Arguing About Not Arguing
It’s good to have differences of opinion on Cross-Currents. Robust debates between authors here are hardly new, and continually put to bed the old canard about how Orthodox Jews don’t think or have their own opinions. And I am particularly glad that Rabbi Shafran was motivated to have at it one more time, because as we refine each of our opinions, we find ourselves arriving at fewer and fewer differences.
At no point did I say that we should favor leaping onto partisan bandwagons. Rabbi Shafran and I certainly agree that we should not regard any American ideology as our ideal. In early December, there will be a conference on “Jews and Conservativism” at the Jewish Heritage Museum in New York. It’s not for us. We don’t use Judaism to explain why we are conservatives; Judaism is the -ism to which we subscribe. Rather, we all recognize that the Torah forces us to side with conservatives on a host of issues. I believe it is an error to confuse acknowledging this truth with “political bandwagon-jumping.”
To quickly address specifics:
There is no question that Hillary Clinton isn’t the only one whose opinion on marriage “evolved.” I’m not sure why Trump’s suggestion that the 1964 Civil Rights Act be extended to that group is relevant — we are all against discrimination, even against people who celebrate behavior the Torah condemns. But, for us, that also includes opposing discrimination against the religious, which is exactly why Agudath Israel filed its brief in the “Masterpiece” case. Rabbi Shafran surely agrees that most of those joining Torah Jews in supporting the Masterpiece Bakery are conservative Republicans.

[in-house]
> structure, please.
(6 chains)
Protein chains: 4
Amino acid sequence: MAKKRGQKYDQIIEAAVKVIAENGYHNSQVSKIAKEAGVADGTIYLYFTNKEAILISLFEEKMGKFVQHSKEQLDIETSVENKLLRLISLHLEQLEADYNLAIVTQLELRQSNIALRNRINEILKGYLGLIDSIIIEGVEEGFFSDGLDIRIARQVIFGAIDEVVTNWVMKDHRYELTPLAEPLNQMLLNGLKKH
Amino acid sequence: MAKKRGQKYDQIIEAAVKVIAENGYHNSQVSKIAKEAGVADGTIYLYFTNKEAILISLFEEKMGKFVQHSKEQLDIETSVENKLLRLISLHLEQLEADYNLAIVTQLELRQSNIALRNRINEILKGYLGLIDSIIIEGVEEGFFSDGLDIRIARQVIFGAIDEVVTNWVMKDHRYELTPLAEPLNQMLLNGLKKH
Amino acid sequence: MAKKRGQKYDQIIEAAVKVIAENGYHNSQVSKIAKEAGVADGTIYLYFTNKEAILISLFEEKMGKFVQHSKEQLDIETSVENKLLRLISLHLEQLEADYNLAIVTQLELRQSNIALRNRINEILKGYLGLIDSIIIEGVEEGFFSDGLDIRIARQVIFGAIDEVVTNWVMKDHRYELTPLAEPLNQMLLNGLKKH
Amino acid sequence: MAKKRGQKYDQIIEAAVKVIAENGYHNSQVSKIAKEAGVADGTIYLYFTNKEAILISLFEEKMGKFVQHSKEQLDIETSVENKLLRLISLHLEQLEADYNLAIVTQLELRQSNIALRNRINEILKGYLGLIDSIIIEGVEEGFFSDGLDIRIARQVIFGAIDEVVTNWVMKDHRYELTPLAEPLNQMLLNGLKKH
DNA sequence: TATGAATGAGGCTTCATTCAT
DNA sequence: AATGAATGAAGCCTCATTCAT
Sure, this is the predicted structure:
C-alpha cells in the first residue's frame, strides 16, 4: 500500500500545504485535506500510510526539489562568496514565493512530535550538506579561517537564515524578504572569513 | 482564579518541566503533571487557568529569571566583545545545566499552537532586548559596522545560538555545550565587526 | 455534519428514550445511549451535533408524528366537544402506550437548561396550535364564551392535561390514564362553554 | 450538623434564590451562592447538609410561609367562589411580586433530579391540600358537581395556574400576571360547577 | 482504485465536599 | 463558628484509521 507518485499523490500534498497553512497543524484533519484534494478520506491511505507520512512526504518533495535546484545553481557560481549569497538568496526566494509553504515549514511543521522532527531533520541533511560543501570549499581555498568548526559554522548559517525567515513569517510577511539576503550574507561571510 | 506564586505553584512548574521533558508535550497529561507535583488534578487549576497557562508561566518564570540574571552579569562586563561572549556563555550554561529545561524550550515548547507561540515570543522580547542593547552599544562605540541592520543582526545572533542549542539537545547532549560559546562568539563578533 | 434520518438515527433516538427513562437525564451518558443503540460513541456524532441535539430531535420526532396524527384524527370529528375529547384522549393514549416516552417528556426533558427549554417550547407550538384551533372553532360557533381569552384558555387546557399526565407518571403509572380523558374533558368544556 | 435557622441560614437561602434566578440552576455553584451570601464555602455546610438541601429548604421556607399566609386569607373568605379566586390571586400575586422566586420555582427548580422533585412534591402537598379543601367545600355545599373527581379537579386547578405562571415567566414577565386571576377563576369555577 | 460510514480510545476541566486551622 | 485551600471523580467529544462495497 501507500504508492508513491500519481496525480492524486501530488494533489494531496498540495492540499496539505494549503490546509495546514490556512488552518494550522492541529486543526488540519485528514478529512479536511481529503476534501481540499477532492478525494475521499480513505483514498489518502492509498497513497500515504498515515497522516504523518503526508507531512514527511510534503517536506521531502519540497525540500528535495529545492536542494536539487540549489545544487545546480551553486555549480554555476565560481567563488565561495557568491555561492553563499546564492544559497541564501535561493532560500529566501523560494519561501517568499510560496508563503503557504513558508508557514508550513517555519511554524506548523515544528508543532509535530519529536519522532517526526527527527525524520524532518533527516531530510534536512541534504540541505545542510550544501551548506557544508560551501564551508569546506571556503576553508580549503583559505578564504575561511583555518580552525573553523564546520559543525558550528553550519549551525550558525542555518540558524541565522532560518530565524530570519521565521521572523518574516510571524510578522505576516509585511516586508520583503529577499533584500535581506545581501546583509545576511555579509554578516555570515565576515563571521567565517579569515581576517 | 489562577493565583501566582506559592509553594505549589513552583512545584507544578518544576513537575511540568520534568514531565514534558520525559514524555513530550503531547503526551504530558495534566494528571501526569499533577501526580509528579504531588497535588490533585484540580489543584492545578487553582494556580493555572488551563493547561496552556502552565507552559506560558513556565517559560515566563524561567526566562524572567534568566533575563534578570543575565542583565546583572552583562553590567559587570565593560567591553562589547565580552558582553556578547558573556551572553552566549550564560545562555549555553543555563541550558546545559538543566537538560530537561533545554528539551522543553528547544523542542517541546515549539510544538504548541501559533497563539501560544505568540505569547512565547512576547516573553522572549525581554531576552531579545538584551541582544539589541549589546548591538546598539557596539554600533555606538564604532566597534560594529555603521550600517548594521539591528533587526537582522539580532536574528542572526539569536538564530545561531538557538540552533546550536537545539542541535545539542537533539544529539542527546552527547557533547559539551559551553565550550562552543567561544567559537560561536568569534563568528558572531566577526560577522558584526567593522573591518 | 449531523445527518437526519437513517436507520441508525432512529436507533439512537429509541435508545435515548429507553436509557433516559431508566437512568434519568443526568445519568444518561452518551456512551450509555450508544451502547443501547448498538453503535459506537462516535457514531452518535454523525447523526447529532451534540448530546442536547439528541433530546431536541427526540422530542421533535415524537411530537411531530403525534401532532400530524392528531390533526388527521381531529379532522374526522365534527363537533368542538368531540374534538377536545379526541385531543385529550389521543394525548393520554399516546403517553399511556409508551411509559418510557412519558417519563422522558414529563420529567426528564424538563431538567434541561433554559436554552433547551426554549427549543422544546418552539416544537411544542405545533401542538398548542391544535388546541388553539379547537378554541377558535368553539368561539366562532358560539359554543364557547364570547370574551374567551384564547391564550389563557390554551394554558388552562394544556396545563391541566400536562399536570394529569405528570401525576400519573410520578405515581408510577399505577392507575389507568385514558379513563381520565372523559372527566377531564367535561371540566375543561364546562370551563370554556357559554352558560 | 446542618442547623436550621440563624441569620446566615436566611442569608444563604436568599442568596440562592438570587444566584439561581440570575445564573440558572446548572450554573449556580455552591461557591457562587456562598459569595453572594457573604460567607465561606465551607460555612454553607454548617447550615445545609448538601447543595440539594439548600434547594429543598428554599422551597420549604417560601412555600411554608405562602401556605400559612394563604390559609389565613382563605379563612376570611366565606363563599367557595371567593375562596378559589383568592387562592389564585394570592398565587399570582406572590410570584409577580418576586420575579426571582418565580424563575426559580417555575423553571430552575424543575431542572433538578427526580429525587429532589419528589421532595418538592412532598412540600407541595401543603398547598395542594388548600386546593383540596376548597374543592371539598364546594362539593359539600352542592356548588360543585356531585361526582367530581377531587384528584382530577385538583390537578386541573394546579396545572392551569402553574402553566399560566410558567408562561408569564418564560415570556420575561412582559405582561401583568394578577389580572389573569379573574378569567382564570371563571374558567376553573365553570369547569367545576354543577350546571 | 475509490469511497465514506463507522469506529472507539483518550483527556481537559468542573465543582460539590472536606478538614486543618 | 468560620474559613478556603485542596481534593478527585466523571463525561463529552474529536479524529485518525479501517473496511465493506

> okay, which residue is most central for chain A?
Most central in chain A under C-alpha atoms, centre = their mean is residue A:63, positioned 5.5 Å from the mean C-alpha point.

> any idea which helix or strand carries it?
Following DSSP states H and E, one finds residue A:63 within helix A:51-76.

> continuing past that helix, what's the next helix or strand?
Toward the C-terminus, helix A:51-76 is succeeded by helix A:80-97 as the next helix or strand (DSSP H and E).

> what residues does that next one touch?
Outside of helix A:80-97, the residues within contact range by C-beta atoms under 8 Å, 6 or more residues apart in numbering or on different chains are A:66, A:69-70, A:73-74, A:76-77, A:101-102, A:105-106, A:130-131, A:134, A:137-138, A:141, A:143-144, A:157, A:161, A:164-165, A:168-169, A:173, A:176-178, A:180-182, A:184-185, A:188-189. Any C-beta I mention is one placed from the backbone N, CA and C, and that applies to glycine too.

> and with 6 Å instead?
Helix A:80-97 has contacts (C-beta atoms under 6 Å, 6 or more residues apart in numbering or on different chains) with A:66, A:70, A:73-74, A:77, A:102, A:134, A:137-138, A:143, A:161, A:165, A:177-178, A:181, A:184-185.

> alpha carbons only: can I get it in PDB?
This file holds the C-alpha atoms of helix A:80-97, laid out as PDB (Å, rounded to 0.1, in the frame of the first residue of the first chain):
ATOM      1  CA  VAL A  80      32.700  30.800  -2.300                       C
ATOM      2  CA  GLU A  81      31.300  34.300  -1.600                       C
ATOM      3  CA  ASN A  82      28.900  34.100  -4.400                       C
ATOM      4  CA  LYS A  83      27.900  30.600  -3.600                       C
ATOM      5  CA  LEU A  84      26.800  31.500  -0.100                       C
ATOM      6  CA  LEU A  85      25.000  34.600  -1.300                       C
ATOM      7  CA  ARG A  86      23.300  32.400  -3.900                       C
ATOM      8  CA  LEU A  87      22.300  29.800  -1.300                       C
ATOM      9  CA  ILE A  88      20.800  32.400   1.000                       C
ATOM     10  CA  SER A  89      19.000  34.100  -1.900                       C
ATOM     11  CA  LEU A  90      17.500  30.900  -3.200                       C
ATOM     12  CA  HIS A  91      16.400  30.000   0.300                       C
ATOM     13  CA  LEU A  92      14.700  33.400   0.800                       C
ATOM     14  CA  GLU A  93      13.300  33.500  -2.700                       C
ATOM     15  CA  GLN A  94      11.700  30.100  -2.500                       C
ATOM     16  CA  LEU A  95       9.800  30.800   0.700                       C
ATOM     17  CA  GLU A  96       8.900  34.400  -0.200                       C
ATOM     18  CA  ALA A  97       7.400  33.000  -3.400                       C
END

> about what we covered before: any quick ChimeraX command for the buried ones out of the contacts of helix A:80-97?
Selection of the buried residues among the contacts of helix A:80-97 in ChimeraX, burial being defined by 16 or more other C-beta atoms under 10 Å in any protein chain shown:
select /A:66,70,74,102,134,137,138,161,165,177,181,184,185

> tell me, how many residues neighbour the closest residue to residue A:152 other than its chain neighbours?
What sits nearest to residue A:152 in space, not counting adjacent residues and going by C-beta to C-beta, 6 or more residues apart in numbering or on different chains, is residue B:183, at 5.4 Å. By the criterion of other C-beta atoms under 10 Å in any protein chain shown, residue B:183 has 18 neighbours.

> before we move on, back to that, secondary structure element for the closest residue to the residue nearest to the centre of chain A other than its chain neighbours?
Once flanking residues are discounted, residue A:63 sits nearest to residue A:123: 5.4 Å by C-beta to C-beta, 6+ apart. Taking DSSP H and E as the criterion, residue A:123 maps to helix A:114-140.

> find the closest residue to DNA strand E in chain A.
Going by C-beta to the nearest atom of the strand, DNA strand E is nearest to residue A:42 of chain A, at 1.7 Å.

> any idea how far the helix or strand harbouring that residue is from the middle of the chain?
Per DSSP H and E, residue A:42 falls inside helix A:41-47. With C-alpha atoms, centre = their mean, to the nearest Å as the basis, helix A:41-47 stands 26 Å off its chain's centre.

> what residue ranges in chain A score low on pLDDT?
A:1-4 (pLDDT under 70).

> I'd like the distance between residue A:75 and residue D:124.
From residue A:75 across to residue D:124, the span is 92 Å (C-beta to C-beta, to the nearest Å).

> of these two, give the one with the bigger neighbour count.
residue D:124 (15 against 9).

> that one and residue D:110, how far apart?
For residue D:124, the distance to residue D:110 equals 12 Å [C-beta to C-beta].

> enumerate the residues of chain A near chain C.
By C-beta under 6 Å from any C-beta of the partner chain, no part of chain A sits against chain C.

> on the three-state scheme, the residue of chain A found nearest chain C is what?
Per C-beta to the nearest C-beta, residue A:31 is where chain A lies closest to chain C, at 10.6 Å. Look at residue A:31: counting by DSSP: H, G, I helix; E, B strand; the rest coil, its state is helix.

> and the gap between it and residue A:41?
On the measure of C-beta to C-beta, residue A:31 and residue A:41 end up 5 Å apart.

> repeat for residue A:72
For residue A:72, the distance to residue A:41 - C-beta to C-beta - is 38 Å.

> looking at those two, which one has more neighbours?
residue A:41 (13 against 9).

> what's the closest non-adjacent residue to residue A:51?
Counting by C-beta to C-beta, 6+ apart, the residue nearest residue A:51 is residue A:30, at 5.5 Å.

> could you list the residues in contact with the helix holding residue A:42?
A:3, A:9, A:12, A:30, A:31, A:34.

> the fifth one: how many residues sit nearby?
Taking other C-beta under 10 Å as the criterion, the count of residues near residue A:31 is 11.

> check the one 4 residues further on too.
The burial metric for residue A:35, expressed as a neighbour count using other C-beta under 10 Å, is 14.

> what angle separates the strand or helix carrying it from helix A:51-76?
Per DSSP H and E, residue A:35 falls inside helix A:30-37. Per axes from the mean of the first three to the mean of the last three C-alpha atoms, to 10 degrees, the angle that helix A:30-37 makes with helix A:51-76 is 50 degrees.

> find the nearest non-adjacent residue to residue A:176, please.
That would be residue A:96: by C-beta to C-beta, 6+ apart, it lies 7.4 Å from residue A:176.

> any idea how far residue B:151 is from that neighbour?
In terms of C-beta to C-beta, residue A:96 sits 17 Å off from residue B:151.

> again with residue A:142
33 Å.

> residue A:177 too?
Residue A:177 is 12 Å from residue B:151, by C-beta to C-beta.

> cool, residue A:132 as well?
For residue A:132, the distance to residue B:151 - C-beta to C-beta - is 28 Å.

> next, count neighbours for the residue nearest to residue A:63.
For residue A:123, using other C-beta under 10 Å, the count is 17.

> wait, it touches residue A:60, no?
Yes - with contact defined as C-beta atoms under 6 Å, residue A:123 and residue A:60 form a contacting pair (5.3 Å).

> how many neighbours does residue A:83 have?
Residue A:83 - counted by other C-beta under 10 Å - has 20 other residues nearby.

I didn’t say that the Democratic Party is anti-Israel. I said that “to an increasing extent, one must also believe that Jews in Israel are stealing ‘Palestinian land'” in order to be a mainstream Democrat. Again, we surely agree on this; Barack Obama said in front of the UN General Assembly last year that Israel should realize that it cannot “permanently occupy and settle Palestinian land.” The Republicans passed a party platform stating that imagining Israel to be an occupier is a “false notion.”
When it comes to abortion, it is absolutely true that there are Republicans who have proposed “life begins at conception” standards, and these should obviously be opposed by us. In the current environment, though, the pendulum has swung to the opposite extreme, and what those in the “pro-life” camp regard as even remotely achievable would permit abortion in cases permitted or demanded by Halacha. We surely agree that this would be closer to our moral ideal.
I don’t see what argument remains about Charlottesville. The fact that the President’s comments were criticized doesn’t make the criticism reasonable or fair. Rabbi Shafran attempts to distinguish Antifa’s band of goons from the peaceful anti-white supremacist rally, to call only the latter “organized.” But to me that doesn’t make sense. Of course there was an “‘organize-organize’ gezera shava” as he put it: between the neo-Nazis and Antifa. Both were organized and came looking for violence. Along with saying that Antifa was not “organized,” Rabbi Shafran seems to insist that there was no peaceful, non-white-supremacist group there against the removal of the monument. The New York Times implies otherwise. It is clear that President Trump believed otherwise, and it is thus unfair to distort his comments as if he intended to equate peaceful demonstrators on one side with neo-Nazis on the other. It is obvious that he did not do this, in any of his prepared or extemporaneous remarks.